And yet, when making such exclusionary decisions, where does one draw the line? Are the nations of the 1950s, for instance, similar to the nations of today? Or the nations of the late twentieth century … or even those in the years prior to the 2008 / 09 global crash? Are any of those time periods — and the nations that existed during those periods — relevant to the economic challenges that face today’s political leaders?

Let’s think about the circumstances of the Mediterranean diet study. To create a highly reliable data set that is relevant to the contemporary world, the researchers closely followed the dietary habits and health outcomes of more than 7,000 people in “real time.” A macro-economic research study, though, cannot follow 7,000 nations in “real time” because the world contains fewer than 200 countries.

Thus, the only way to create a macro-economic data set with a significant sample size is to roll back through history and include periods of time that may (or may not) be relevant to the research question. The resulting uncertainty is, regrettably, an inevitable result of the nature of economics.

Government Spending: A Matter Of Priorities

I’ll gladly pay you Tuesday for a hamburger today.

Who coined that famous phrase? It was J. Wellington Wimpy, the intellectual hobo in the classic Depression era comic strip Popeye. Wimpy loved to consume hamburgers, but he was perpetually short of funds, and so he would incur debts (in exchange for meals) that would never be repaid.

Oddly enough, Wimpy was always a well dressed hobo. He often wore a blue suit, white shirt, and red tie, with brown leather shoes on his feet and a sturdy hat on his head. Although the authors of the strip never explicitly identified his original profession, his name and attire served as an effective parody of the banking industry.

After all, a well dressed man like Wimpy likely could have financed his own meals; the fact that he chose to borrow from others was simply a matter of priorities. And though his comic strip peaked in popularity during the 1930s, his strategy of debt financed consumption survives to the current day.

Desperately Seeking Shovels

Consider, for instance, the operating practices of the state of Connecticut. Last week, the Land of Steady Habits was buried in a blizzard. The city of Hamden led the region with 40 inches of snow fall, and the metropolis of Milford was right behind it with 38 inches.

Regrettably, for the residents of Milford, its municipal leaders had not invested in sufficient snow removal equipment to clear the roads on a timely basis. Thus, its citizens were stranded in their homes for days after the storm. Mayor Ben Blake was eventually forced to hire sixteen payloader vehicles from privately owned construction firms to free his own town residents.

So what is the town doing now? Is it establishing a fund to purchase additional snow removal equipment? Well, no … priorities being priorities, the city has issued a call for brigades of citizen volunteers to carry their own shovels to the next calamitous blizzard.

And what are the tax expenditure priorities of the State of Connecticut? If not directed towards snow removal, where are the funds being spent?

$2 Billion And Counting …

Connecticut Governor Dan Malloy answered that question last month with the unveiling of a new investment initiative entitled Next Generation Connecticut. Originally introduced as a $1.5 billion series of investments in the academic programs of the University of Connecticut, the total tab for the initiative was revalued at more than $2.0 billion after its full scope was released to the public.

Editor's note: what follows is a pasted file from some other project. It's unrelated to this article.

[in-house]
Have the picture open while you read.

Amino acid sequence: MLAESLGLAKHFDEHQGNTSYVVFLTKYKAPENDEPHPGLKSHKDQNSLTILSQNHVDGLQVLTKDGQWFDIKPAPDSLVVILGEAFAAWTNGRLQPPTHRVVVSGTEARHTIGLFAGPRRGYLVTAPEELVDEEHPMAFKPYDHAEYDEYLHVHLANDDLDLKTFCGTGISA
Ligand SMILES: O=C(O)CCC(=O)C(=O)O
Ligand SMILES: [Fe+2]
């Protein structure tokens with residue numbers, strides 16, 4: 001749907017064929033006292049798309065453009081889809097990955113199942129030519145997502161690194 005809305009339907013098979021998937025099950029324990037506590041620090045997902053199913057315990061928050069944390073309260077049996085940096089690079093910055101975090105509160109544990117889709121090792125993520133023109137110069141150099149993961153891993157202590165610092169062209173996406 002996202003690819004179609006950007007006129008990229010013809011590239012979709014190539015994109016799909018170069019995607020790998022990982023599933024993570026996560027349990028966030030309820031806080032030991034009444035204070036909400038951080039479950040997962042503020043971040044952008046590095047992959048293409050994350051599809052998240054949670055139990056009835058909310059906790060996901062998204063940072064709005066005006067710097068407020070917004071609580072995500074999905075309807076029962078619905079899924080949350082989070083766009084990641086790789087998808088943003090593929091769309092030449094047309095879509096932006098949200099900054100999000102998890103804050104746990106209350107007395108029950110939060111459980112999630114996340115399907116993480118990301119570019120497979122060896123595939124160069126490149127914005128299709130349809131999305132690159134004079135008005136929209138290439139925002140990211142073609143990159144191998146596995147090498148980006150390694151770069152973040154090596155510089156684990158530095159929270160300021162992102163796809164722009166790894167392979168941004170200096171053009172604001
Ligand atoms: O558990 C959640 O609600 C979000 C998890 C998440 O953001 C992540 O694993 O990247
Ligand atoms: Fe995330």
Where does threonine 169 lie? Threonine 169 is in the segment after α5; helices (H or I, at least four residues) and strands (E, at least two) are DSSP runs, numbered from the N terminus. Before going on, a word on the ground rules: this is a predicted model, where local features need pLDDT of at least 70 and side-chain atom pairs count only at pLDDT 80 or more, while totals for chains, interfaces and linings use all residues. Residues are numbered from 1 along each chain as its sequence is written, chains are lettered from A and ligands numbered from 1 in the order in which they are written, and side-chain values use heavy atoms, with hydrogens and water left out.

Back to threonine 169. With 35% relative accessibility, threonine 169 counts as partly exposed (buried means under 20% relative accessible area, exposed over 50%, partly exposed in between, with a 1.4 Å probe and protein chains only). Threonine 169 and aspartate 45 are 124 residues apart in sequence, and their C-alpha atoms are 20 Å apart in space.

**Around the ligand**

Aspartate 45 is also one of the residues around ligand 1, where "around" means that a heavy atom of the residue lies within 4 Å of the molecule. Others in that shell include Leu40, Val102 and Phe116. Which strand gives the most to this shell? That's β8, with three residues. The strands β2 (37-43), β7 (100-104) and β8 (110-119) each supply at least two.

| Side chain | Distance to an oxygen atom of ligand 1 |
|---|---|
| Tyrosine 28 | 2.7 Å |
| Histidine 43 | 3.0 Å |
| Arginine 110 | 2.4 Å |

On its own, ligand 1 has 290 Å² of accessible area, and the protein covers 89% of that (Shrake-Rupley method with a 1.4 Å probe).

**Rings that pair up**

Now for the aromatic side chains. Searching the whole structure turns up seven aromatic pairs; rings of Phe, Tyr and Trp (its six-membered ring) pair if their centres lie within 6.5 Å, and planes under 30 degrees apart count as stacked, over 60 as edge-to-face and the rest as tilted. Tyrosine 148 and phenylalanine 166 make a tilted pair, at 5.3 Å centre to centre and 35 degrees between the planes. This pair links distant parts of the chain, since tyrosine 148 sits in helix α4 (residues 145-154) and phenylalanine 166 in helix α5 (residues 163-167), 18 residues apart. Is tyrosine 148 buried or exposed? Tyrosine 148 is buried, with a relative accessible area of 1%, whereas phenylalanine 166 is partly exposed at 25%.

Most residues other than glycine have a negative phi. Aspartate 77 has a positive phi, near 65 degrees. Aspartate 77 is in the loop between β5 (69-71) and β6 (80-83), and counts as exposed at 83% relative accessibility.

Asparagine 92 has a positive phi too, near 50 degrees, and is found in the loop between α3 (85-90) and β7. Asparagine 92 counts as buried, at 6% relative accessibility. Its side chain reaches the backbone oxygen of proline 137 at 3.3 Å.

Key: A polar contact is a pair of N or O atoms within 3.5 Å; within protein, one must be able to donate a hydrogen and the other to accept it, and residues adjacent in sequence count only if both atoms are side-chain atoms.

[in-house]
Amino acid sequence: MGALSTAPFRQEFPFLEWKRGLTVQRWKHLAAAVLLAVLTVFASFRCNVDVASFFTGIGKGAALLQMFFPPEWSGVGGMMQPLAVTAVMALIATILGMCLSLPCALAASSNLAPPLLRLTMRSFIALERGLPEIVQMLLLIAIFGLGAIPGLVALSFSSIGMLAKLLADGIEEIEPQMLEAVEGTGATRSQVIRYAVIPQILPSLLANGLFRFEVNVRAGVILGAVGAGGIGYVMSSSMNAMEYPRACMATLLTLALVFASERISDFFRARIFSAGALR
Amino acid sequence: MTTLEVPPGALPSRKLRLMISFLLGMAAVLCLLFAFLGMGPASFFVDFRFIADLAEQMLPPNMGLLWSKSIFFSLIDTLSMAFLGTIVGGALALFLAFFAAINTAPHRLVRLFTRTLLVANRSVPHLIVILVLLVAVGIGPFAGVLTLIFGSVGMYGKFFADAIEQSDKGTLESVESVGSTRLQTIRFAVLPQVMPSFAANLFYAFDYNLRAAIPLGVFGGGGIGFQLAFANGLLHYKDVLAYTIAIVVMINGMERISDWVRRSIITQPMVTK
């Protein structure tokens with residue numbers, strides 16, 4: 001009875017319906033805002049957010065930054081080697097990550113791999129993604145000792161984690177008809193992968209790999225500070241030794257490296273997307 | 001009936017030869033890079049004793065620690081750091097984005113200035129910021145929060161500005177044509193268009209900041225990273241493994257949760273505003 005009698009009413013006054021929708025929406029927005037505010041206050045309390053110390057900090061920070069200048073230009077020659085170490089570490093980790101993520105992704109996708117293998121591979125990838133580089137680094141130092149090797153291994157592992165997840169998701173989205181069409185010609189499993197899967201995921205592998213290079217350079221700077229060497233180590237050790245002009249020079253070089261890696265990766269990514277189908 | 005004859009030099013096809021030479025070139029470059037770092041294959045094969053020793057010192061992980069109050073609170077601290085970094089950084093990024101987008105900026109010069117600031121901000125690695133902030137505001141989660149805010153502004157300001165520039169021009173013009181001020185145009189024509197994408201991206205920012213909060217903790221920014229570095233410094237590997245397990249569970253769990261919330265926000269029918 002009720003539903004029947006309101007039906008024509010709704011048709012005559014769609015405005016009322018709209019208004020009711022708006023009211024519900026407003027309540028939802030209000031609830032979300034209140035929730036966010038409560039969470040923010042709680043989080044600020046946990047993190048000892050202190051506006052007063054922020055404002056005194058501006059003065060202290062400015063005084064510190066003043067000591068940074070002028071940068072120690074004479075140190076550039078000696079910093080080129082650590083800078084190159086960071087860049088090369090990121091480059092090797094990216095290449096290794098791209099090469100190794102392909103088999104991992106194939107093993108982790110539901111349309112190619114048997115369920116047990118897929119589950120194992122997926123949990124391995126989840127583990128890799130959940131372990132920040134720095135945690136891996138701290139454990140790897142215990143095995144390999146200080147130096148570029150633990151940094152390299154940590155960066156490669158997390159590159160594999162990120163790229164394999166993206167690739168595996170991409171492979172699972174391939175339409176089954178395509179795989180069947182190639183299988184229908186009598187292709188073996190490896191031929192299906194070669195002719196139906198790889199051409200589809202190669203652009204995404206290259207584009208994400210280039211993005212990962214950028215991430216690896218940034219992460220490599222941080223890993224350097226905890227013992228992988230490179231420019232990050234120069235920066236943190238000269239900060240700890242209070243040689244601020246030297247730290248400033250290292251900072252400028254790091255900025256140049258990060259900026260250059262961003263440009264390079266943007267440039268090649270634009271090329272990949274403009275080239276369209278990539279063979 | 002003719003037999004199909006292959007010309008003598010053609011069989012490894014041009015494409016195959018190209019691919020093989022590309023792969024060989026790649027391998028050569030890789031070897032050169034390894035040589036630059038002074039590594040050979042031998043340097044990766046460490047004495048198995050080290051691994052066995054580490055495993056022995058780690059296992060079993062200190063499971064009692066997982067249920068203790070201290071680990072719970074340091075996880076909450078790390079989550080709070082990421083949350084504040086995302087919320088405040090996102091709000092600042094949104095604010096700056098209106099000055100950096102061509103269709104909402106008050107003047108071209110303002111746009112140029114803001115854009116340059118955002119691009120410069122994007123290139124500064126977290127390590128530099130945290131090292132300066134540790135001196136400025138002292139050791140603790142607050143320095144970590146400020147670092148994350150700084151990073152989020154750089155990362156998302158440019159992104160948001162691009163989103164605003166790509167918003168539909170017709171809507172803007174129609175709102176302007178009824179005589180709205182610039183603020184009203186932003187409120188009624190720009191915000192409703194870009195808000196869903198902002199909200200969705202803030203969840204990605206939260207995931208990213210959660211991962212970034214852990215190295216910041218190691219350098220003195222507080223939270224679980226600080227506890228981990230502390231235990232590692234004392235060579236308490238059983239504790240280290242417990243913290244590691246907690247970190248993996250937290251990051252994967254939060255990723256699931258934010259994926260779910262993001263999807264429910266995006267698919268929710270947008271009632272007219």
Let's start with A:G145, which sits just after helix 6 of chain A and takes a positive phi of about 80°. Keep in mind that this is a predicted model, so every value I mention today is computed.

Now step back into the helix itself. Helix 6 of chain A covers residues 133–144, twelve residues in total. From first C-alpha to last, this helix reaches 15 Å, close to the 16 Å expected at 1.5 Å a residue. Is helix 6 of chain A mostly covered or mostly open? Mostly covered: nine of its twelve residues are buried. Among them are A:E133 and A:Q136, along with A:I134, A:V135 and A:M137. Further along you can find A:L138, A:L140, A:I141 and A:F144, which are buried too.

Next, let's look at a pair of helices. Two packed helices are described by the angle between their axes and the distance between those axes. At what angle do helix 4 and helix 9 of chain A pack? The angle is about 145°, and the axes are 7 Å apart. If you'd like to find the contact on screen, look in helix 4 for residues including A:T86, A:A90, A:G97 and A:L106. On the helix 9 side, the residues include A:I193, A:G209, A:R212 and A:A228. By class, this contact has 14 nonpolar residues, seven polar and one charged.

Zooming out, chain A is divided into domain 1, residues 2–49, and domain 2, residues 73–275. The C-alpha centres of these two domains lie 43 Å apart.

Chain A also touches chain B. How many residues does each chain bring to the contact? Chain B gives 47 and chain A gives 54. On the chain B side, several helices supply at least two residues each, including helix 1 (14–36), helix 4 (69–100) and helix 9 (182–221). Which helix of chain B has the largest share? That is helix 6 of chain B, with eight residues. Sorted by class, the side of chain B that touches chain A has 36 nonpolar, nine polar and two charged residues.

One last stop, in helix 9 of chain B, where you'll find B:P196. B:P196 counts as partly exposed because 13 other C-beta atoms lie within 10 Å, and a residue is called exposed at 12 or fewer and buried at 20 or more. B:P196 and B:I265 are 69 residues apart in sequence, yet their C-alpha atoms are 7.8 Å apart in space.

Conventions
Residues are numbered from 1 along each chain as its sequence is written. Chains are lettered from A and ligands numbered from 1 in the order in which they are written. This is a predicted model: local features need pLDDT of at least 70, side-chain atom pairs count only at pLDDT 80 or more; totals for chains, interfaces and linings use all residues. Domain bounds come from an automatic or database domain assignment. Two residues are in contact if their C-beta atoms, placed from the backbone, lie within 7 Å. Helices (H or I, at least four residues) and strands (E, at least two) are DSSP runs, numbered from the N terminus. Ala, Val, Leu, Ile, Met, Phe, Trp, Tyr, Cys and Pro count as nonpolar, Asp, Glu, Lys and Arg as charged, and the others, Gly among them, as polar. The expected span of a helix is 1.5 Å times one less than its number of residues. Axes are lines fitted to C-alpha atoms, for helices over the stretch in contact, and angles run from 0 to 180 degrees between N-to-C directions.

Ironically, State House Republican leader Larry Cafero predicts that $2.0 billion will also represent the size of the government’s annual budget deficit during the next two years. “We’ve got other problems, too,” protested Cafero when he learned about the initiative. “We have roads, we have bridges.”

Of course, they also have snow. Lots of snow. And an insufficient number of snow removal vehicles to clear it all away. That’s why Mayor Blake issued his call for a volunteer snow shovel brigade.

Investments vs. Expenditures

The Governor characterizes the Next Generation initiative as an investment in the future of the state, and not as a series of expenditures. The bioscience, digital media, and engineering programs at the University are all expected to receive significant funding increases.

The initiative is also expected to increase the size of the student body at the institution. The University’s total enrollment is expected to grow by 30%, or by 6,580 students, with many joining an expanding engineering program.

Other university systems, of course, are choosing far less expensive paths to growth. The university systems of Florida and Texas, for instance, are each focusing on the development of a $10,000 undergraduate degree, one partially based on online education technologies. And university systems from California to North Carolina to Pennsylvania are beginning to embrace the free or extremely low cost offerings of online-only courses that are offered by organizations like Coursera.

Unlike its rivals, the University of Connecticut will be growing in a more traditional manner. And if the institution manages to generate long term economic benefits in excess of $2 billion, it may yet demonstrate that it is the beneficiary of the wiser investment strategy.

Still Wimpy!

Nevertheless, even if the Nutmeg State’s initiative eventually generates a positive return on investment, its strategy will maintain a decidedly Wimpy perspective. That’s “Wimpy” as in “J. Wellington Wimpy,” of course.

After all, Wimpy managed to acquire stylish clothing and to satisfy his taste for hamburgers simultaneously. But he needed to become a debtor to do so, and he never actually paid his debts.

Likewise, the state of Connecticut is managing to build its university system and to (eventually) clear its roads of snow. But it is borrowing billions of dollars to finance its operating activities, and for the sake of the Next Generation initiative, it is about to go even deeper in debt.

Will Connecticut be able to pay its debts, or will it eventually renege on them like Wimpy? The fate of the state hinges on this question, and only time will yield the answer.